Meet the Hayling mum who is helping children understand dementia
Witnessing dementia in a loved one is heartbreaking. It’s hard enough for adults to deal with, but it can be impossible to explain to young children why their grandmother does not remember them.
However, Hayling Island author Tabatha Throup has put pen to paper to make that difficult conversation a little bit easier.
Published recently, Tabatha’s children’s poetry book Nanny Can’t Remember is based on her family’s experience when her mum Pamela Brown, 75, started to forget.
‘My mum has vascular dementia,’ says Tabatha, 46.
‘It was not diagnosed for a while but we noticed changes in her. It was really hard.’
Tabatha says Pamela, also from Hayling, started to forget things when she was in her early 60s – and that’s when alarm bells began ringing.
‘It wasn’t just memory loss but also personality changes. She would get angry because she knew something was going wrong,’ she explains.
The Throup family – Tabatha, her sisters Samantha Brown and Cassie West, their dad Colin and Pamela – have always been close.
So when Pamela’s personality was changing, it became apparent quickly.
Tabatha says: ‘My children, Tegan and Jonny, were seeing their nan everyday.
‘It was a slow decline at first and I was talking to my sisters about it more and more.
‘It came to a head in 2016. Mental health services had to get involved because mum began hallucinating and it was then that her dementia was confirmed.’
Pamela was finally diagnosed with vascular dementia – a common type of dementia caused by reduced blood flow to the brain.
When she had to explain what had happened to her children, Tabatha says she was ‘completely honest’ but still found it hard to explain what dementia was.
‘I said that nanny’s brain wasn’t working properly. I kept on saying she may be acting differently because she can’t remember – I must have sounded like a broken record.
‘It was quite stressful so I wrote the poem for my children. The poetry was a way of dealing with the pain. I found it therapeutic.’
Within two days, Tabatha, who works as an account manager, had written eight verses of her poem and read it to her children Tegan, 11, and Jonny, eight.
‘It rhymed and it was like a lightbulb moment for me. My kids thought it was brilliant,’ she says.
In September 2016, she approached Austin Macauley Publishers with Nanny Can't Remember, which is a poetry book explaining to young children what dementia is and how it affects someone. The synopsis reads: ‘This book shows a loving family coming together.’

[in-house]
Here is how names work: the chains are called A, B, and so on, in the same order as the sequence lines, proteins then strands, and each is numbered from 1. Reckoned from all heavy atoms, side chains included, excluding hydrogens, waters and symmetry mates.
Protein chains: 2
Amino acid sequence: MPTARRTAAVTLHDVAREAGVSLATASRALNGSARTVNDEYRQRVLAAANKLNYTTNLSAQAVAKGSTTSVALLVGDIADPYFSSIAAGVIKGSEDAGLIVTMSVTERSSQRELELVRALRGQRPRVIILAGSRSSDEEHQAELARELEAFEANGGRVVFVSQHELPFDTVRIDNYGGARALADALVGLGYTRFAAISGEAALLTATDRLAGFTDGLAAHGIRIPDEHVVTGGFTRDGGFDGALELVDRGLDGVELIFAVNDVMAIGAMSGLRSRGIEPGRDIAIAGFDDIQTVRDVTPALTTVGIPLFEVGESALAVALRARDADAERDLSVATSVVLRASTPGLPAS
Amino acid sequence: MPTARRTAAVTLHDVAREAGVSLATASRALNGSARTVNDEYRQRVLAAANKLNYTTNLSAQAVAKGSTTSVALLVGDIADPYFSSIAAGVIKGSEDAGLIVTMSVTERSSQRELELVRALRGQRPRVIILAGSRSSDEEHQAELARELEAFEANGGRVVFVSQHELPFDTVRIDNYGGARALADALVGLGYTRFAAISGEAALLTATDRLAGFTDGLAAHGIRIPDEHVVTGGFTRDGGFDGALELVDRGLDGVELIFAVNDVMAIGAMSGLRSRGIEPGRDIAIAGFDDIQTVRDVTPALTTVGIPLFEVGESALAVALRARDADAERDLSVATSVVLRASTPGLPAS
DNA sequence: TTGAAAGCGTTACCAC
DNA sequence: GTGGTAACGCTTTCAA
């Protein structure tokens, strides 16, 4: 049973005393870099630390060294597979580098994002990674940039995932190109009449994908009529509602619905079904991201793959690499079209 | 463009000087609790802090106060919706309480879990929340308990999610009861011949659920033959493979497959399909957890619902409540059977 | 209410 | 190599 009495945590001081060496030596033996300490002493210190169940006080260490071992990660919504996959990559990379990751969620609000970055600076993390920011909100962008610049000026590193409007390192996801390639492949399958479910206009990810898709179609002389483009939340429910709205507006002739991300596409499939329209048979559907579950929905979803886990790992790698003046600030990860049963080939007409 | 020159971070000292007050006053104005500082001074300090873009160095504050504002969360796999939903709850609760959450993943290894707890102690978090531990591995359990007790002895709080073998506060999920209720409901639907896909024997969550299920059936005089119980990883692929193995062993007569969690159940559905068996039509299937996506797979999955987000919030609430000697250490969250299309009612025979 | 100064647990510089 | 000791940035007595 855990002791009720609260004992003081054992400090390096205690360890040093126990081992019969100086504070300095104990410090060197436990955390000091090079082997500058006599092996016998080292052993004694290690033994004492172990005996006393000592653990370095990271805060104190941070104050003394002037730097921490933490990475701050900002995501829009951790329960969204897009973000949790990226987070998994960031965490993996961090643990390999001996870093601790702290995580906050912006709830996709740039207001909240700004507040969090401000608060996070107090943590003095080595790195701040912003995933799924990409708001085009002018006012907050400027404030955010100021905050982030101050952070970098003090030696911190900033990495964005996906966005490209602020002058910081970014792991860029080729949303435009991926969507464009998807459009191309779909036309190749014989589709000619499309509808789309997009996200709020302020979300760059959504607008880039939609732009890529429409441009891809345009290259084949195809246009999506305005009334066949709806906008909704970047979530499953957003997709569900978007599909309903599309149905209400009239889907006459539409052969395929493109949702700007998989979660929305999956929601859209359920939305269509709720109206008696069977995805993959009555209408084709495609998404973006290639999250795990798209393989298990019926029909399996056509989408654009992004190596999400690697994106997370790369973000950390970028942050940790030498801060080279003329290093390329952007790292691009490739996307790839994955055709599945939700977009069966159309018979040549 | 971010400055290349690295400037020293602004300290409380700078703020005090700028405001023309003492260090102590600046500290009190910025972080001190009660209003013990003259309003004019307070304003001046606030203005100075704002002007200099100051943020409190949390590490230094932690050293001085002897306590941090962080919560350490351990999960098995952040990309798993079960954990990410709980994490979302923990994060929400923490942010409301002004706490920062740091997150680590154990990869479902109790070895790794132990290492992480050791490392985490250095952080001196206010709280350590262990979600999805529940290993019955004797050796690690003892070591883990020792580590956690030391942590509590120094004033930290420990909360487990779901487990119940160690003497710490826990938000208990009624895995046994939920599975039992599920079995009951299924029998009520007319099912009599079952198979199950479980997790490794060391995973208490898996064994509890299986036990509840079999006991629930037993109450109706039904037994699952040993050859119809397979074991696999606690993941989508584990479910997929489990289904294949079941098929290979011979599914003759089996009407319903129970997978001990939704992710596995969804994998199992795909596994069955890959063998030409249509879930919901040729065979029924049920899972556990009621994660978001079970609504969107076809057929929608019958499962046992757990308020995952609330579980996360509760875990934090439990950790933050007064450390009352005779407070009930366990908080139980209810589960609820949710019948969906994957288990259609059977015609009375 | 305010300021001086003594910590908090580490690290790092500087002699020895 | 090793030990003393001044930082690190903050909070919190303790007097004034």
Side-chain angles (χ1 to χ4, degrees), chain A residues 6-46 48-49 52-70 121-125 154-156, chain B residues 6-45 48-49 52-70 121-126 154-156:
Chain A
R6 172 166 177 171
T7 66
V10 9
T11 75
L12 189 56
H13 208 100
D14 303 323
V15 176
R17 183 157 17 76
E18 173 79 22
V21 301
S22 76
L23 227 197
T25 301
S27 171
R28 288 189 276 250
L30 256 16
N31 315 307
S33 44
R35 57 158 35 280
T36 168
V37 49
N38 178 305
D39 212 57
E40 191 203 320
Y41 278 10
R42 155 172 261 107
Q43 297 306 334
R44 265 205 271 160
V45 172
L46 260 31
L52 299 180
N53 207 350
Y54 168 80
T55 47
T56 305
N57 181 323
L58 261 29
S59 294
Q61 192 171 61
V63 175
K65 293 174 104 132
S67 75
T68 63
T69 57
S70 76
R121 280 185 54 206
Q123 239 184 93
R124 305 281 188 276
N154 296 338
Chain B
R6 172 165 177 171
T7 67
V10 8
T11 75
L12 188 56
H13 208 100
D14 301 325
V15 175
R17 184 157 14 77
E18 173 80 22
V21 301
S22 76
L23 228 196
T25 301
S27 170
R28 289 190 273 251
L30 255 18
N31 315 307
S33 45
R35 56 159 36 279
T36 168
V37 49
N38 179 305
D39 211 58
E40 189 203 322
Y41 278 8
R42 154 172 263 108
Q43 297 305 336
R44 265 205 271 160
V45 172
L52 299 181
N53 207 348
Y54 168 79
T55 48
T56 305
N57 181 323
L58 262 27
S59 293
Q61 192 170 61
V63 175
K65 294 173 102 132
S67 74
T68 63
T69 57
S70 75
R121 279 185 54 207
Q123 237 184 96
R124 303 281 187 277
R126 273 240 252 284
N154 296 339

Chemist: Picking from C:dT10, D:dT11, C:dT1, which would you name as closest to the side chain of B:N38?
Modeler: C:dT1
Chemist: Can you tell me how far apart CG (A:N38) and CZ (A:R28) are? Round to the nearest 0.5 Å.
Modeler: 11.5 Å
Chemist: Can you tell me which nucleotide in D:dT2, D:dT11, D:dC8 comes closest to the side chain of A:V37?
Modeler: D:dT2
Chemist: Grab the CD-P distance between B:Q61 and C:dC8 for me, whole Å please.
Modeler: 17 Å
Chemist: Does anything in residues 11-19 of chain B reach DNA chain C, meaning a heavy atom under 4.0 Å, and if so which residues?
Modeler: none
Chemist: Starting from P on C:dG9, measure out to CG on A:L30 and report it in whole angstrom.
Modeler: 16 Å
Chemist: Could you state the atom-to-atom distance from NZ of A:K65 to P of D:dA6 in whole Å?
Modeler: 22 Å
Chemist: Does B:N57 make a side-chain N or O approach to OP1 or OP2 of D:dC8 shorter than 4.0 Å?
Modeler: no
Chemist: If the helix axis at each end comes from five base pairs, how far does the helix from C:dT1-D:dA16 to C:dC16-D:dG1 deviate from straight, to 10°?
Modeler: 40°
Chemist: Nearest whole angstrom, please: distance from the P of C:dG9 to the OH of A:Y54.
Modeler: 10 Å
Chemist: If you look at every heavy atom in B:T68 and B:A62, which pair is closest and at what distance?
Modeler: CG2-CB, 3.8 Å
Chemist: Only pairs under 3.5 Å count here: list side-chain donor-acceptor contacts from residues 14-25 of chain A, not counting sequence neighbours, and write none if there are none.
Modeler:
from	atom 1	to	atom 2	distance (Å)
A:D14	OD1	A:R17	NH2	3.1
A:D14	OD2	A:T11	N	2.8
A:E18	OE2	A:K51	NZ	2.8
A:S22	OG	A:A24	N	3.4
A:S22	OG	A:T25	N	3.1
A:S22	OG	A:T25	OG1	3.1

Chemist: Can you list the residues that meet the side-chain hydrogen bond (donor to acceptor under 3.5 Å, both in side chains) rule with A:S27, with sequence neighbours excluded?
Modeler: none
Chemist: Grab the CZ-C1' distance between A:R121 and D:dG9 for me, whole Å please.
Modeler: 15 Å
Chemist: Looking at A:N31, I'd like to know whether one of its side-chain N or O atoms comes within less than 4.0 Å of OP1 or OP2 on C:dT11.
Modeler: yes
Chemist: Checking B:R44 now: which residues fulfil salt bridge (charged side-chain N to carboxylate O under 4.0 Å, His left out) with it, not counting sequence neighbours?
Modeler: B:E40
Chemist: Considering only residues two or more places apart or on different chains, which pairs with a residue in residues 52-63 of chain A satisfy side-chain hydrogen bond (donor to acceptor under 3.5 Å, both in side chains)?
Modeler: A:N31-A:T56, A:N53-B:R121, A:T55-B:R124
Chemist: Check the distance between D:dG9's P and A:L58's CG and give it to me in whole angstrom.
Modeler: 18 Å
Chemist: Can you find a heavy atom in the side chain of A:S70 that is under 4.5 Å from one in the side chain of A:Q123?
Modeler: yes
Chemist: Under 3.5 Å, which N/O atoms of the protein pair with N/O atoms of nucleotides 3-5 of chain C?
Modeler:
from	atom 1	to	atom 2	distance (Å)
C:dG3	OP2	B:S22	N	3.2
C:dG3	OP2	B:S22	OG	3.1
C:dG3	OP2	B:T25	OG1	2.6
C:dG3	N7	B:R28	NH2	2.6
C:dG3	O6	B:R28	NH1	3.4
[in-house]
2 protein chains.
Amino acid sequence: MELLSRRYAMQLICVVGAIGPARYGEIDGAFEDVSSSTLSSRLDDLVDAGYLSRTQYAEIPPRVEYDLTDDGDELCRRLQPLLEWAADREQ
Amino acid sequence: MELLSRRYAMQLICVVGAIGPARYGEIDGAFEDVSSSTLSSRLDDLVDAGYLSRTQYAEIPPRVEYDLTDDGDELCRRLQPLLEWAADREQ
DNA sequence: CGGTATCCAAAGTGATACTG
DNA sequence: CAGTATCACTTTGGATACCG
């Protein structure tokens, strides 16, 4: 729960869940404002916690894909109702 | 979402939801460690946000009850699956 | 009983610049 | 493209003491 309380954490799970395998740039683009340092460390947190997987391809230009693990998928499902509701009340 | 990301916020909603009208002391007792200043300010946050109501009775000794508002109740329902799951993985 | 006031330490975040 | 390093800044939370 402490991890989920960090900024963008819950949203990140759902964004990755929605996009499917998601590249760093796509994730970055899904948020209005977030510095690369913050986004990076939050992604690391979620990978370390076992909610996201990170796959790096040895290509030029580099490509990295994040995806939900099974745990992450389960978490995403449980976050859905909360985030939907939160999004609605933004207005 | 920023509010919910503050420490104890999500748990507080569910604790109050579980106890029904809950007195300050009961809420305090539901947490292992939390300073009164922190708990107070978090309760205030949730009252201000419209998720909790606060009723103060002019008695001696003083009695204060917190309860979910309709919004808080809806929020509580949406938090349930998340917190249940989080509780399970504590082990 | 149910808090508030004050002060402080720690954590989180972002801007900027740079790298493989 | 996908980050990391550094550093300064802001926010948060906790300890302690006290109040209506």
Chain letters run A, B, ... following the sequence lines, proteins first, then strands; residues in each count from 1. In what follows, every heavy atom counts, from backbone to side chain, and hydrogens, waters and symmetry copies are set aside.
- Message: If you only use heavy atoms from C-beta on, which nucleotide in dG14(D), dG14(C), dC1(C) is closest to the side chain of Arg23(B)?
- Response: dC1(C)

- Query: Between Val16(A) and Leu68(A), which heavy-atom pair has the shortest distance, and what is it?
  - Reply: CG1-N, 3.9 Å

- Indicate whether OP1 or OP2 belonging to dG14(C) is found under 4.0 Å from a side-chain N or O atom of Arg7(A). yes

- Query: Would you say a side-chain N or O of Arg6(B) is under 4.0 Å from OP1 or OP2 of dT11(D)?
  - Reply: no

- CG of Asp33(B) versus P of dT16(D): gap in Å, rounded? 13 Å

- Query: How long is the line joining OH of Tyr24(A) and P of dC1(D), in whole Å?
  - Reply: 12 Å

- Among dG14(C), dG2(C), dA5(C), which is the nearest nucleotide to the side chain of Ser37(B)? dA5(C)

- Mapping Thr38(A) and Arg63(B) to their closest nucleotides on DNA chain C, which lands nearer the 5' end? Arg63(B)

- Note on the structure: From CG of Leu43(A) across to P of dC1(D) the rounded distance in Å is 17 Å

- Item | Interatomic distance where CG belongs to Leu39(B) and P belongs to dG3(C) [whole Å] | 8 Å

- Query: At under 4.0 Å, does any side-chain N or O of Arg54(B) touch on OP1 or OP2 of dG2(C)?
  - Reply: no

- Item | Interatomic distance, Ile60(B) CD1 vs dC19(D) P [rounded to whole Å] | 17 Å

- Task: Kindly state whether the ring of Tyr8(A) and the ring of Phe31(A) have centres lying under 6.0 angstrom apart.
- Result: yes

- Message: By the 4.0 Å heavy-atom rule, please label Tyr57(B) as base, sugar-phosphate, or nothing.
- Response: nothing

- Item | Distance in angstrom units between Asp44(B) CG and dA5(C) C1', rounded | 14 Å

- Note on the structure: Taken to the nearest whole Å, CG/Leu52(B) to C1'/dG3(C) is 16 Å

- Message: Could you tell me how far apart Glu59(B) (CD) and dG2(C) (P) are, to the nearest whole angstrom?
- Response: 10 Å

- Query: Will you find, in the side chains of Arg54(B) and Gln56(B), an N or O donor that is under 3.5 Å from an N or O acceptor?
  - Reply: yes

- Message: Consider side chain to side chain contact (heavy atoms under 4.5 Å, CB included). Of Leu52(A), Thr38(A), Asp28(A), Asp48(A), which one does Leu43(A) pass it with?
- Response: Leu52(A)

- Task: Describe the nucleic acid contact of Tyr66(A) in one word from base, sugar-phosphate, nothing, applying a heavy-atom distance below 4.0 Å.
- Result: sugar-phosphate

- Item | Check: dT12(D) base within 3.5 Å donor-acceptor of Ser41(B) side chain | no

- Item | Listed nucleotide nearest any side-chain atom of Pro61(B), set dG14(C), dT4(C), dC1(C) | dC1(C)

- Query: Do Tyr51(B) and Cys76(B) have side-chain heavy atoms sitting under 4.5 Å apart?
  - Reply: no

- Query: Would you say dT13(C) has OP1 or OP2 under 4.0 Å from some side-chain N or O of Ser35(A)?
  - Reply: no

‘They said they really liked the idea and it was a valuable piece of work.
‘But I was given a contribution contract which meant I had to raise some of the money myself.’
After much deliberation, Tabatha set up a crowdfunding page in 2017 and reached her target of £2,500 in just seven months.
‘The poem came quite naturally. It includes real time events that my children can remember,’ she explains.
‘My parents came round one new year’s eve and the children remember nanny dancing. So it explains music is really important to people with dementia.’
Nanny Can’t Remember was finally published in February and some of the proceeds will be donated to the Alzheimer’s Society.
‘They help so many people with all different types of dementia,’ she smiles.
‘The illustrations are exactly what I wanted. They were done by Sue Martin, from Singleton near Chichester.’
Today, Pamela and Colin Brown still live on Hayling and have help from all three of their daughters, Tabatha’s husband Richard and carers. ‘We’re all managing her dementia now. Everyone is very understanding, including my kids.
‘The book has been great for my dad. It’s given him something to look forward to and he was really excited about it,’ says Tabatha. ‘I hope the book can raise awareness. It’s been great for me to have a different focus and produce something positive out of a negative situation.’
If you would like to buy a copy of Nanny Can’t Remember, search for it on Amazon or online and in store at Waterstones.
What is dementia?
Key facts and statistics on dementia from the Alzheimer’s Society.
Alzheimer’s disease is the most common type of dementia, affecting 62 per cent of those diagnosed.
Other types of dementia include; vascular dementia affecting 17 per cent of those diagnosed, mixed dementia affecting 10 per cent of those diagnosed.
Symptoms of dementia include memory loss, confusion and problems with speech and understanding. Dementia is a terminal condition.
There are 850,000 people with dementia in the UK, with numbers set to rise to over one million by 2025. This will soar to two million by 2051. 225,000 will develop dementia this year, that’s one every three minutes.
One in six people over the age of 80 have dementia. n There are over 40,000 people under 65 with dementia in the UK.
There are not enough researchers and clinicians joining the fight against dementia. Five times fewer researchers choose to work on dementia than on cancer.
There is no cure for Alzheimer’s disease or any other type of dementia. Delaying the onset of dementia by five years would halve the number of deaths from the condition, saving 30,000 lives a year.